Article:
Tuesday, July 14, 2009

Gertner asks labels and Tenenbaum: Can a jury ever decide fair use?

Judge Nancy Gertner today issued a very interesting order in the Joel Tenenbaum case directing the parties to brief the following question:
whether fair use was historically treated as an equitable defense and, if so, whether it is properly decided by the judge or a jury.
Fair Use Briefing Order in Sony v. Joel Tenenbaum

The order recognizes that equitable defenses like "laches, acquiescence, or in pari delicto ... historically ... lay outside the province of the jury and belonged to the judge," and cites numerous cases describing fair use as an equitable defense. But it also states that "the authorities on this question appear to be conflicting or perhaps imprecise, with some dispute over the origins and equitable nature of the [fair use] defense," and cites a handful of cases where fair use did indeed go to a jury. From the footnote on page 4, Judge Gertner does appear to be leaning toward the conclusion that "fair use is an equitable question more appropriately decided by a judge than a jury," but her issuance of this order indicates that she is less than certain.

It is important to remember, as Judge Gertner acknowledges in the first sentence of her order, that the question whether fair use is an equitable defense inappropriate for a jury is distinct, at least in theory, from the issue whether summary judgment is merited. There is no question that fair use is routinely decided on summary judgment (including by Judge Gertner herself), and the order cites Professor Barton Beebe's exhaustive empirical study of fair use opinions, which identifies hundreds decided on summary judgment, motions for preliminary injunction, and after bench trials, but not a single one decided by a jury.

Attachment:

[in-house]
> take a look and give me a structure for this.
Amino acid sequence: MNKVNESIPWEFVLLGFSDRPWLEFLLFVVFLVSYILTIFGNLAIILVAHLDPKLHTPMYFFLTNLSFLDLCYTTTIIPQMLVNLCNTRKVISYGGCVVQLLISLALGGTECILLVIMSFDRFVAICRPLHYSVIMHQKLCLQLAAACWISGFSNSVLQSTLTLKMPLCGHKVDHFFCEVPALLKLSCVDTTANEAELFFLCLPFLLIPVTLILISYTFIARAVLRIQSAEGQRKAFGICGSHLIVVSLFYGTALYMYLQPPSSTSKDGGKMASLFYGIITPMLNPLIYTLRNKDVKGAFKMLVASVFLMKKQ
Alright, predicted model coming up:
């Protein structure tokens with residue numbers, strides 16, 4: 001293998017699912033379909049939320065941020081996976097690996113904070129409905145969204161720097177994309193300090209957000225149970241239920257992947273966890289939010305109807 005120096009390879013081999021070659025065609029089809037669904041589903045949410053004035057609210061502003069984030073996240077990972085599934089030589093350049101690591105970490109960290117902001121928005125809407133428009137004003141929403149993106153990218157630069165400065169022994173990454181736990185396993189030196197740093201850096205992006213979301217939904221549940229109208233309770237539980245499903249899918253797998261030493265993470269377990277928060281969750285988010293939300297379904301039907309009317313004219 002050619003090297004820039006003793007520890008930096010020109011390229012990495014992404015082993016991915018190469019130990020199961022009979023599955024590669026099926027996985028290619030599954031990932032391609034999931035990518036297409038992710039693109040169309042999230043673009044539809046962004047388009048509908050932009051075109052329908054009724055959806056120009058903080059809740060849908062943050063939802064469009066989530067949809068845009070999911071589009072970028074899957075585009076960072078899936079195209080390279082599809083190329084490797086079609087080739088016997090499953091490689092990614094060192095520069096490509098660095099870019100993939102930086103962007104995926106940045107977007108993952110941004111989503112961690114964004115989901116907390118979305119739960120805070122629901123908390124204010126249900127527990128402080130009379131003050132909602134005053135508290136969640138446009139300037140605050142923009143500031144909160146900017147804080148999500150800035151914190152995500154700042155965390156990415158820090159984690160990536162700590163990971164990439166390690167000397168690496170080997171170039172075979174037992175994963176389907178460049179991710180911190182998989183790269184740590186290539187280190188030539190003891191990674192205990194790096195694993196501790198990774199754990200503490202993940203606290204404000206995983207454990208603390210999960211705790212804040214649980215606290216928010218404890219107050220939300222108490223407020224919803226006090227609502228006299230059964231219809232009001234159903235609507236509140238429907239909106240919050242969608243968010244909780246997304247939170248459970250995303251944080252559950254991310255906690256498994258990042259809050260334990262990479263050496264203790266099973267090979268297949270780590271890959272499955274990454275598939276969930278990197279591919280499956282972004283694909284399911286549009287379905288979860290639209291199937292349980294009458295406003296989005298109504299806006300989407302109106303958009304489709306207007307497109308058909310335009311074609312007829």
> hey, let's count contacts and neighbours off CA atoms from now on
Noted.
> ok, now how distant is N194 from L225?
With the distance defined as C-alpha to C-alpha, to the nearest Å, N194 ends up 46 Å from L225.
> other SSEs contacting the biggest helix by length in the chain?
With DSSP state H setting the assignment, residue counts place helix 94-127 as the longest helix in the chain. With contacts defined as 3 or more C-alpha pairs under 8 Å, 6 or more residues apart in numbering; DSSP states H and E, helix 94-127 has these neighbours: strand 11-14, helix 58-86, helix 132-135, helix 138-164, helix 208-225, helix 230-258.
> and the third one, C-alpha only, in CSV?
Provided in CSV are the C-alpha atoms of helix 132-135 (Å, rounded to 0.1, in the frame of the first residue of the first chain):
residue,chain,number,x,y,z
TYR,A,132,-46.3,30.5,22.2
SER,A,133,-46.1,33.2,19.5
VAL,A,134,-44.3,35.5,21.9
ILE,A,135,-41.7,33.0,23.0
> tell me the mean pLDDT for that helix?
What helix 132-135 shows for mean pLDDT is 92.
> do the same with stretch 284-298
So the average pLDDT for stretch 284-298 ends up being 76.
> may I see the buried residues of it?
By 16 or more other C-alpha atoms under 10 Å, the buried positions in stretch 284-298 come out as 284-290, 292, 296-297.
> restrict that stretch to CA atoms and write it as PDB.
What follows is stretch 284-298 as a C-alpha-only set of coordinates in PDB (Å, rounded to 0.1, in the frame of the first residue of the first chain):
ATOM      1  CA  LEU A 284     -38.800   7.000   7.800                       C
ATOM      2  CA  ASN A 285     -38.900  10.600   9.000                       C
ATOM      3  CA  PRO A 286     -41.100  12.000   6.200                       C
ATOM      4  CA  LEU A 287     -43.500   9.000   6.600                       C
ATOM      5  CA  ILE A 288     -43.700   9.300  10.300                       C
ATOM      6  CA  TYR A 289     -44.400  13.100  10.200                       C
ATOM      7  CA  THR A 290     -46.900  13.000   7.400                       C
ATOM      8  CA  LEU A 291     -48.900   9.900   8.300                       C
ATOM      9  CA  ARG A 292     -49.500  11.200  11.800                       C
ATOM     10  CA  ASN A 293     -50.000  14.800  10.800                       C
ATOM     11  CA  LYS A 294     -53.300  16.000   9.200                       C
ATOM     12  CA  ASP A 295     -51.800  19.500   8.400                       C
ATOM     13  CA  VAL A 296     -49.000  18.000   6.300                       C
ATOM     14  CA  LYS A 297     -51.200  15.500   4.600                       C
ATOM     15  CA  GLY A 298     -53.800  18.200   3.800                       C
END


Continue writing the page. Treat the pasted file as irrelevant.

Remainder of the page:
The plaintiffs' brief is due 9:00 a.m. July 20; the order directs Tenenbaum's arguments to be incorporated into its opposition to the labels' summary judgment motion on fair use, which will now be due July 20 as well (extended from the previous due date of July 17).

UPDATE: The Plaintiffs have filed a motion for clarification, asking that Tenenbaum's summary judgment opposition brief be due July 17 (which was the date mutually agreed to by the parties and ordered by the court). The plaintiffs argue that if Tenenbaum is permitted to file and serve his brief at 9:00 a.m. Monday, they will not have sufficient time to prepare for oral argument at 9:30.

On July 15, Judge Gertner issued the following order regarding the schedule for briefing on summary judgment and the fair use judge/jury issue:
Judge Nancy Gertner: Electronic ORDER entered granting [881] Motion for Clarification. "In light of its earlier scheduling concerns and the approaching pre-trial conference, the Court will adhere to its previous deadline for opposition papers, with supplemental briefing due separately. Defendant's brief in opposition to summary judgment is due Friday, July 17, 2009; the pre-trial conference will occur at 9:30 a.m. on Monday, July 20, 2009; and both sides shall file supplemental briefing on the jury question later that same day by 6:00 p.m." (Gaudet, Jennifer)
This reverts to the previous schedule, which leaves Tenenbaum an extremely short time in which to respond to the plaintiffs' summary judgment motion.